Narihiko “Heeko” Kumagae isn’t shy. He’s been rebuked, yelled at, even kicked—all in the pursuit of his man-on-the-street art. The 26-year-old photographer first traveled from Japan to the U.S. in January of last year, and has since taken solo photo expeditions to New York City and LA, where he currently resides.
- PHOTO BY HEEKO KUMAGAE
- STREET SCENE : Heeko Kumagae of Kitakyushu-shi, Fukuoka, Japan, isn’t afraid to get up close and personal with his random street subjects. An artist’s reception for his show "America through Japanese Eyes" kicks off at 6 p.m. on Oct. 23 at 15 Degrees C Wine Bar.
Whether wandering down skid row alleyways, exploring subway cars, or taking in the wide open spaces of Templeton (his favorite Central Coast town), Kumagae is really interested in one thing: people. His photos show humans in all manner of honest expressions: daydreaming, bored, joyous, and—on occasion—super pissed off.
“People have pushed me and sometimes they want to call the police,” Kumagae said with a laugh. The photographer isn’t fazed. Not much can stand between him and is art.
Case in point: When he first came to LA, Kumagae was interested in meeting a handful of underground artists. So he tracked them down one by one and met them. One of those artists just so happened to be old school sign painter David Bond of Lucky B Design in Templeton.
“I visited Templeton last year in summer on the way back to Los Angeles from San Francisco for the first time,” Kumagae said. “I loved the area right away because it’s like a town I imagined America would be and the people are very warm.”
The tight-knit community Kumagae holds so dear will welcome the artist once again during a photography show running through the New Year. An artist’s reception featuring a series of Kumagae’s stark, black-and-white photographs kicks off Oct. 23. It promises to be quite a party (especially if you plan to attend BarrelHouse Brewing Company’s vintage Tinkertin Trailer Prom afterward). Torro Creek Brewing Co. will be on-hand pouring beer and Kumagae to mingle with the crowd. Who knows—if he thinks you’re particularly intriguing, he might even get in your face and snap a photo. Bond calls the artist his “Japanese son,” and Kumagae feels the same way.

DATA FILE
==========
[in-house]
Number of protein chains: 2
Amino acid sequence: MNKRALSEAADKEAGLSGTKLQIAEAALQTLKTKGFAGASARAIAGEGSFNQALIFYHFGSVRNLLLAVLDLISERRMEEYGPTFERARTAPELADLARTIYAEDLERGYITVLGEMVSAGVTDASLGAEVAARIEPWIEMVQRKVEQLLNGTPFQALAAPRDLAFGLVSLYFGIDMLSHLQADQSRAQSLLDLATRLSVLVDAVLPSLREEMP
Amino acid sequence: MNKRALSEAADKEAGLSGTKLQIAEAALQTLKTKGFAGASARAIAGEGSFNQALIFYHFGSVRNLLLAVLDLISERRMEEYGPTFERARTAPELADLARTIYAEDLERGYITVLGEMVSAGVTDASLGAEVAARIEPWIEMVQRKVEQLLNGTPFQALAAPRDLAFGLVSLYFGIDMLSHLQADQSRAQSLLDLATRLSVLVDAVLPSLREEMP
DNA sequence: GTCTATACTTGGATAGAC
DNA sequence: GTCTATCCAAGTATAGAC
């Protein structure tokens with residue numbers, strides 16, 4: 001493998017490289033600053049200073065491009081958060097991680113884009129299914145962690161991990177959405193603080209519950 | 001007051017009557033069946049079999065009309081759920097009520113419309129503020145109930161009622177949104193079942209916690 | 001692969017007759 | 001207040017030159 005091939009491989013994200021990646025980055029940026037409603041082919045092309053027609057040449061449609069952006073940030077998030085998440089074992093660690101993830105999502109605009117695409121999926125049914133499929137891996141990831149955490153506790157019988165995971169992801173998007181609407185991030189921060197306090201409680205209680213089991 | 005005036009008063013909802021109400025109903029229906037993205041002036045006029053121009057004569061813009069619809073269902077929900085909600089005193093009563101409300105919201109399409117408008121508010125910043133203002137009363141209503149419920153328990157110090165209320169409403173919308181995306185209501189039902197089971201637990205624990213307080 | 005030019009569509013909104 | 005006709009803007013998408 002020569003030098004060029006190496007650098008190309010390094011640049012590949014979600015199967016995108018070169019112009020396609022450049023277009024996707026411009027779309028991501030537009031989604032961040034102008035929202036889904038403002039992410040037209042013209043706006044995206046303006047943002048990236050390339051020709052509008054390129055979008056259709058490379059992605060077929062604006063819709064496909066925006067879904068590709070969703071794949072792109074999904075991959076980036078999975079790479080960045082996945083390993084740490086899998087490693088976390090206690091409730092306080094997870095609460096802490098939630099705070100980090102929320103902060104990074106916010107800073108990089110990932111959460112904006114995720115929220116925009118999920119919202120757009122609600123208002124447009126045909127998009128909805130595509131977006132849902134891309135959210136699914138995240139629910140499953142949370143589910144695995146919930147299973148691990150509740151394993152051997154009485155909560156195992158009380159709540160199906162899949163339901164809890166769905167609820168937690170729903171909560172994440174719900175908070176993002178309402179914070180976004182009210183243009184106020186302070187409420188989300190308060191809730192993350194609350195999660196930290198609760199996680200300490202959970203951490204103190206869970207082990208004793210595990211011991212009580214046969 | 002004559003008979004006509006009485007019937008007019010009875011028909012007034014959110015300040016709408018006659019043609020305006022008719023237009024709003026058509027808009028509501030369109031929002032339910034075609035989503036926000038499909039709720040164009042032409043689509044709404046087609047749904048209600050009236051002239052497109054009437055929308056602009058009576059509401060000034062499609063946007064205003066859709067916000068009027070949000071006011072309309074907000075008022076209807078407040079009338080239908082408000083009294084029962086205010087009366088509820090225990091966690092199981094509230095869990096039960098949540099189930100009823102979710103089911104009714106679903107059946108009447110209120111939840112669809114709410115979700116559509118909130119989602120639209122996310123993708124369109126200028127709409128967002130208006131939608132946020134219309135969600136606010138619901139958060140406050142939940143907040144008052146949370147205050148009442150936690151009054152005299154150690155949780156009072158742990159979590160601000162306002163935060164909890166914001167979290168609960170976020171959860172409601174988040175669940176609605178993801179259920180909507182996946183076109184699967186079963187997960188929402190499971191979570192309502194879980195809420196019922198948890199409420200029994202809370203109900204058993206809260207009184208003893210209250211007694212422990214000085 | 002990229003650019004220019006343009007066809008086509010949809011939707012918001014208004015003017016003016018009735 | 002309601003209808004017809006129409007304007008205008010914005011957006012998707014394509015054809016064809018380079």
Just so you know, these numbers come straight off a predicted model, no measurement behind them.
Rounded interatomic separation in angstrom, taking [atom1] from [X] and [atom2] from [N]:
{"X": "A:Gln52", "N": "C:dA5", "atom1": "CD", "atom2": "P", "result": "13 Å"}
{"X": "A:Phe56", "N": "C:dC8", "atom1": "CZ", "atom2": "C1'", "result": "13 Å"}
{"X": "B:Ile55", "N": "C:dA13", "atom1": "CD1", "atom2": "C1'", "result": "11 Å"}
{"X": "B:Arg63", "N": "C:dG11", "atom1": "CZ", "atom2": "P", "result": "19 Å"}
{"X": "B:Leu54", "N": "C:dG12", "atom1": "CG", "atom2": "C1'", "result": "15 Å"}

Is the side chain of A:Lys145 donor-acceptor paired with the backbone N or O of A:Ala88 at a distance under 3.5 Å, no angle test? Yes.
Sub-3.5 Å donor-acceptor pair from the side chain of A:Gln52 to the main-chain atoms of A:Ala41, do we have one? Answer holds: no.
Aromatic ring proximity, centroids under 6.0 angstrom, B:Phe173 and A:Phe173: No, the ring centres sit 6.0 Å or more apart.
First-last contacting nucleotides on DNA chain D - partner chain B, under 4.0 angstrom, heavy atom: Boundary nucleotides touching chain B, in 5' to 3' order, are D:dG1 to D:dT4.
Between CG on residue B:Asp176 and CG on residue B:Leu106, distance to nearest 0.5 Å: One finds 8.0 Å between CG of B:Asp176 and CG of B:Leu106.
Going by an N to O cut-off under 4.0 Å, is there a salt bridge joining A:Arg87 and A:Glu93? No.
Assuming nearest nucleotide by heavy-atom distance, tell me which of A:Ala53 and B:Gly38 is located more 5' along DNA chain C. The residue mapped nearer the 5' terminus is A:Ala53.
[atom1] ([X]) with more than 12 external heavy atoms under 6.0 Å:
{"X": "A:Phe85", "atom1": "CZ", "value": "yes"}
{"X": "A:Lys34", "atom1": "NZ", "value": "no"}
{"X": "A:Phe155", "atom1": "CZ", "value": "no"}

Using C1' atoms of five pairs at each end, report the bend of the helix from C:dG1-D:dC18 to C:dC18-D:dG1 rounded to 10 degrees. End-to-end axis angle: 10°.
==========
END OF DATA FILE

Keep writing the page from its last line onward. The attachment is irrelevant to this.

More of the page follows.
“Heeko thrives in an urban environment but loves the rural feel of the Central Coast,” Bond said. “His art is a Japanese national’s view of American street photography and it’s got a really cool perspective. Heeko does it better than a lot of other guys I’ve seen. He’s got the eye, the balls, and the technique to make it all come together.”
Kumagae uses a digital camera as well as a standard compact film camera to create his off-the-cuff images. No fancy equipment required. That would just bog him down—or worse yet—give him away.
- PHOTO BY HEEKO KUMAGAE
“I love compact cameras. It’s good because the subject will have less stress as I photograph them,” Kumagae said. “My style is documentary. I don’t put meaning on photos, and I don’t like to put some fancy titles on photo; just an explanation of who’s in the photo, when, where it was taken.”
A close-up photo taken in NYC of a woman holding an umbrella—or a bunch of street kids sitting on the sidewalk—needs no narration. The art speaks for itself. These are real, everyday lives displayed honestly and without frills.
“I like to visit NYC for street photography; it’s very exciting,” Kumagae said. “I’ve been there two times, last winter and spring and I stayed there two weeks in total.”
The photographer makes these trips alone, but he’s never lonely. Kumagae’s subjects keep him company (even if they don’t know it), and, despite a bit of a language barrier, he has no trouble making fast friends with folks on the street.
“I came here because I grew up with American culture since I was teenager. I just wanted to see what’s going on here directly and be part of it,” Kumagae said. “I like to see old photos because I can see what people are wearing, riding, eating clearly. If my photos become like those photos one day much later in time, that would be awesome to me.”
When I asked Kumagae where he finds the bravery to capture people at their most vulnerable, his answer was surprising. In order to capture that real-life vulnerability in someone else, he must first open himself up to the moment, wherever it may lead.
“I think we need to take half or one step closer to our subjects to get good photos,” Kumagae said. “Distance to subject is very important, so I have to be brave, even though it’s scary.”
Still feeling chicken? Take a page from Heeko, who never shies away from what excites him. To you, he poses this question: “It’s always scary to do something you really want to do, isn’t it?"
Hayley Thomas believes life begins at the end of your comfort zone. Try to scare her at email@example.com.